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The Easy Towel Trick For Muffling The Sound Of Your Blender

Person pressing on blender
Person pressing on blender - Cream_ph/Getty Images

The blender may be an incredibly useful kitchen appliance, but it definitely isn't a quiet one. Smoothies make for a healthy and filling breakfast, not to mention an easy one, but you can't make one without waking up everyone else in the house (and rudely, at that). You'd think by this point in history, we'd have a way to make homemade pesto without scaring our pets or rousing our roommates. And yet, even the best blenders are pretty disruptive — the more powerful the motor, the louder it tends to be.

Unless you feel like shelling out a couple hundred dollars for a special box to muffle the sound of your blender (yes, they're a thing), there are some simple steps you can take with stuff you already have at home — like, for instance, a tea towel.

When you hit that "blend" button, the sound of the motor is amplified by the powerful, noisy vibration against your countertop. Absorbing some of that vibration will help soften the sound, and one simple and reliable way to do that is by simply placing the blender on top of a folded tea towel or silicone mat. It may not make your food prep process totally silent, but your neighbors will likely appreciate the reduction in volume.

Read more: The Best Kitchen Gadgets You Can Buy

Out Of The Echo Chamber

Organized kitchen countertop with blender
Organized kitchen countertop with blender - Africa Studio/Shutterstock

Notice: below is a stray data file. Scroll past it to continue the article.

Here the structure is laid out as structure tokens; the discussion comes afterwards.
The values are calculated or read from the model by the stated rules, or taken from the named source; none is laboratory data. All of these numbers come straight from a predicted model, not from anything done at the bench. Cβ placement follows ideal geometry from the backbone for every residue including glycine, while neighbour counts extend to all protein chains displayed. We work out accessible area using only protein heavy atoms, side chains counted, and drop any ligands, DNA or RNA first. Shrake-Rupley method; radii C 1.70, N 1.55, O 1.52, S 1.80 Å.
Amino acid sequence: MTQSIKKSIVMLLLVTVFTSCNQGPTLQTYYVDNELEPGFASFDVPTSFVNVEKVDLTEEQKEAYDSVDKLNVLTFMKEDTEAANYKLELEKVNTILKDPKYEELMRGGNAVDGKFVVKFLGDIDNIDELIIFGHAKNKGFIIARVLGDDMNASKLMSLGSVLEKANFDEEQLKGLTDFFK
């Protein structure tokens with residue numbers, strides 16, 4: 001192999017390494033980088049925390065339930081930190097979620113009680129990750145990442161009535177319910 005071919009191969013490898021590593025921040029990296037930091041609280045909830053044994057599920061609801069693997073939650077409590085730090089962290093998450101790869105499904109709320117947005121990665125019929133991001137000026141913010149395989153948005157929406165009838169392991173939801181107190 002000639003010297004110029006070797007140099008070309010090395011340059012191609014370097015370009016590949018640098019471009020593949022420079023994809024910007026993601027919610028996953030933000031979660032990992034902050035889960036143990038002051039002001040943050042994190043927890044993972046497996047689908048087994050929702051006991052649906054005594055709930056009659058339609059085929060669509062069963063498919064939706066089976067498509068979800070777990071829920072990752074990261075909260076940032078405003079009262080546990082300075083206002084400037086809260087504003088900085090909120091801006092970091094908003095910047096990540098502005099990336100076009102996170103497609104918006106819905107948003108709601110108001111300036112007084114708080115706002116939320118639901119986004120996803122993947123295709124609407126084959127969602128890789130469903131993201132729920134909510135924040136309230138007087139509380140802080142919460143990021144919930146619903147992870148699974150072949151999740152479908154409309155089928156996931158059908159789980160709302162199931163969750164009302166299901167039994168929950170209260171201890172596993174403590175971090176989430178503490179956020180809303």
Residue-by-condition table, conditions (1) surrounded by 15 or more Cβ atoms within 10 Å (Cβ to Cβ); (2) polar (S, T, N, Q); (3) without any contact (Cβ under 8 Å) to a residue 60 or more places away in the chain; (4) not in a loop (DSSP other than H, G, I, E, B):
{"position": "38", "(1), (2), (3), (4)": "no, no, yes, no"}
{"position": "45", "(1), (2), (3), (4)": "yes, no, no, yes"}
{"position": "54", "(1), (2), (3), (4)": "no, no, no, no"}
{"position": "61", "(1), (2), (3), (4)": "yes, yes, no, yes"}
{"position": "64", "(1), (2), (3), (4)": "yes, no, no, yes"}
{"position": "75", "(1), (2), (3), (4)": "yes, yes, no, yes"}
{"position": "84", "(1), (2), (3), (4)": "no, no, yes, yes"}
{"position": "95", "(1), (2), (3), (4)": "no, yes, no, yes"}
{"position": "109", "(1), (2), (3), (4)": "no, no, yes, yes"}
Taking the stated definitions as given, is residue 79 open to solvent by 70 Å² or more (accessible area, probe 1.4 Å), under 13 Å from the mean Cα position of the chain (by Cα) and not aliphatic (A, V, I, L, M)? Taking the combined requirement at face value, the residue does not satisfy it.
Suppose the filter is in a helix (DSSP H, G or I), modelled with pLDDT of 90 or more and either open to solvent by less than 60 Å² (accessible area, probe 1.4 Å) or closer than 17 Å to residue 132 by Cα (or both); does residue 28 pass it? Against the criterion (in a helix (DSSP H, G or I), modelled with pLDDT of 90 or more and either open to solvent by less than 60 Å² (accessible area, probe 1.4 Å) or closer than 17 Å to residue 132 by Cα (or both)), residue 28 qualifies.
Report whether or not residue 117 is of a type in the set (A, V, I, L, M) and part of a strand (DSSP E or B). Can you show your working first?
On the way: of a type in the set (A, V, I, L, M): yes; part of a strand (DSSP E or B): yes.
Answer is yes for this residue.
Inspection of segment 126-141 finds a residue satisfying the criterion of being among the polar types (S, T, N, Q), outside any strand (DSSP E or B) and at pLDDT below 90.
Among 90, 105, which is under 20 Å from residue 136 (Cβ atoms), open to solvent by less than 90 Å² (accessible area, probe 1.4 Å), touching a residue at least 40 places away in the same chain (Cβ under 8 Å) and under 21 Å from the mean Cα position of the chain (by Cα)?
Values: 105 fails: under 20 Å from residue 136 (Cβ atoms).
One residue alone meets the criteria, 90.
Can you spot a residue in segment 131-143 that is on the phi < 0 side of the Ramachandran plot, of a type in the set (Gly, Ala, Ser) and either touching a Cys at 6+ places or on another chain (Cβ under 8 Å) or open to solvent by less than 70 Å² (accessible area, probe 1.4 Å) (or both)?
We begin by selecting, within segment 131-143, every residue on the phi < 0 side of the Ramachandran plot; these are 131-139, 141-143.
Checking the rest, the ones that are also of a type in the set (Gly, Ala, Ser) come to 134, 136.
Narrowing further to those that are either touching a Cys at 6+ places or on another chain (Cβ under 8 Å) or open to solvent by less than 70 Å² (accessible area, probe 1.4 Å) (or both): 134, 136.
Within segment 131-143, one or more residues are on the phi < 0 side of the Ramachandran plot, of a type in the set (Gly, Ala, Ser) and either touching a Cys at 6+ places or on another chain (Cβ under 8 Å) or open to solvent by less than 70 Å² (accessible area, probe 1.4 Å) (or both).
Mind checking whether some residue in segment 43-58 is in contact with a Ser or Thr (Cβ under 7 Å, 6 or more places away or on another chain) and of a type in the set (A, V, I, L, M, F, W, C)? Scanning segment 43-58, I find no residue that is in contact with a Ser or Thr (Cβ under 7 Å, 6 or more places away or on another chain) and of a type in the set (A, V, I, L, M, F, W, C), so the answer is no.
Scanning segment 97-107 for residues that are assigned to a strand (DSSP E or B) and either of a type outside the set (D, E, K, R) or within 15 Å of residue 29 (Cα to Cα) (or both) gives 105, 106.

If you've ever noticed how much more loudly your phone vibrates when on your nightstand than, say, on your bed, you know that hard, hollow surfaces are prone to causing echoes. It just so happens that kitchen counters and islands are essentially big empty boxes, which can really amplify the sound of a noisy blender. If you keep your blender on a free-standing kitchen cart, it's probably even worse.

But a simple dish towel or tea towel can provide some insulation and thus muffle the sound. A thicker towel will absorb the sound more effectively, just be sure it doesn't obscure the vents so that the blender doesn't risk overheating.

Other soft materials can achieve a similar effect. If you have any flexible silicone baking sheets, like the kind often used to make cookies (though you maybe shouldn't), that's a great option, too — in the case of splatters, you can just wipe it down in seconds. Whatever you use, just be sure that the blender is still sturdily positioned, and again, that the vents aren't blocked.

Acoustic (Kitchen) Set

Whole fruits, blender, and smoothie on kitchen island
Whole fruits, blender, and smoothie on kitchen island - New Africa/Shutterstock

You may be able to make some blender-quieting adjustments to your kitchen layout, depending on where things are. If you keep your blender in a fairly tight space, like on the kitchen counter up against the wall beneath the cabinets, these surfaces can create echoes that make the blender seem even louder. If possible, plug it in somewhere the machine has some space around it, like in the center of the countertop, pulled away from the wall, or better yet, all alone on a kitchen island.

But apart from insulating your blender with absorbent surfaces and keeping it away from rattling furniture, there's really not much else you can do. Covering the whole machine with a sound blanket might work, but would make it, erm, pretty challenging to use. You could take your chances and drop some cash on a fancy new blender that promises to be quieter than others and hope that the marketing claim is accurate. If all else fails, your family or roommates might just have to wake up when you do — but they may not mind so much if you have a delicious, perfectly blended smoothie waiting for them.

Read the original article on Daily Meal.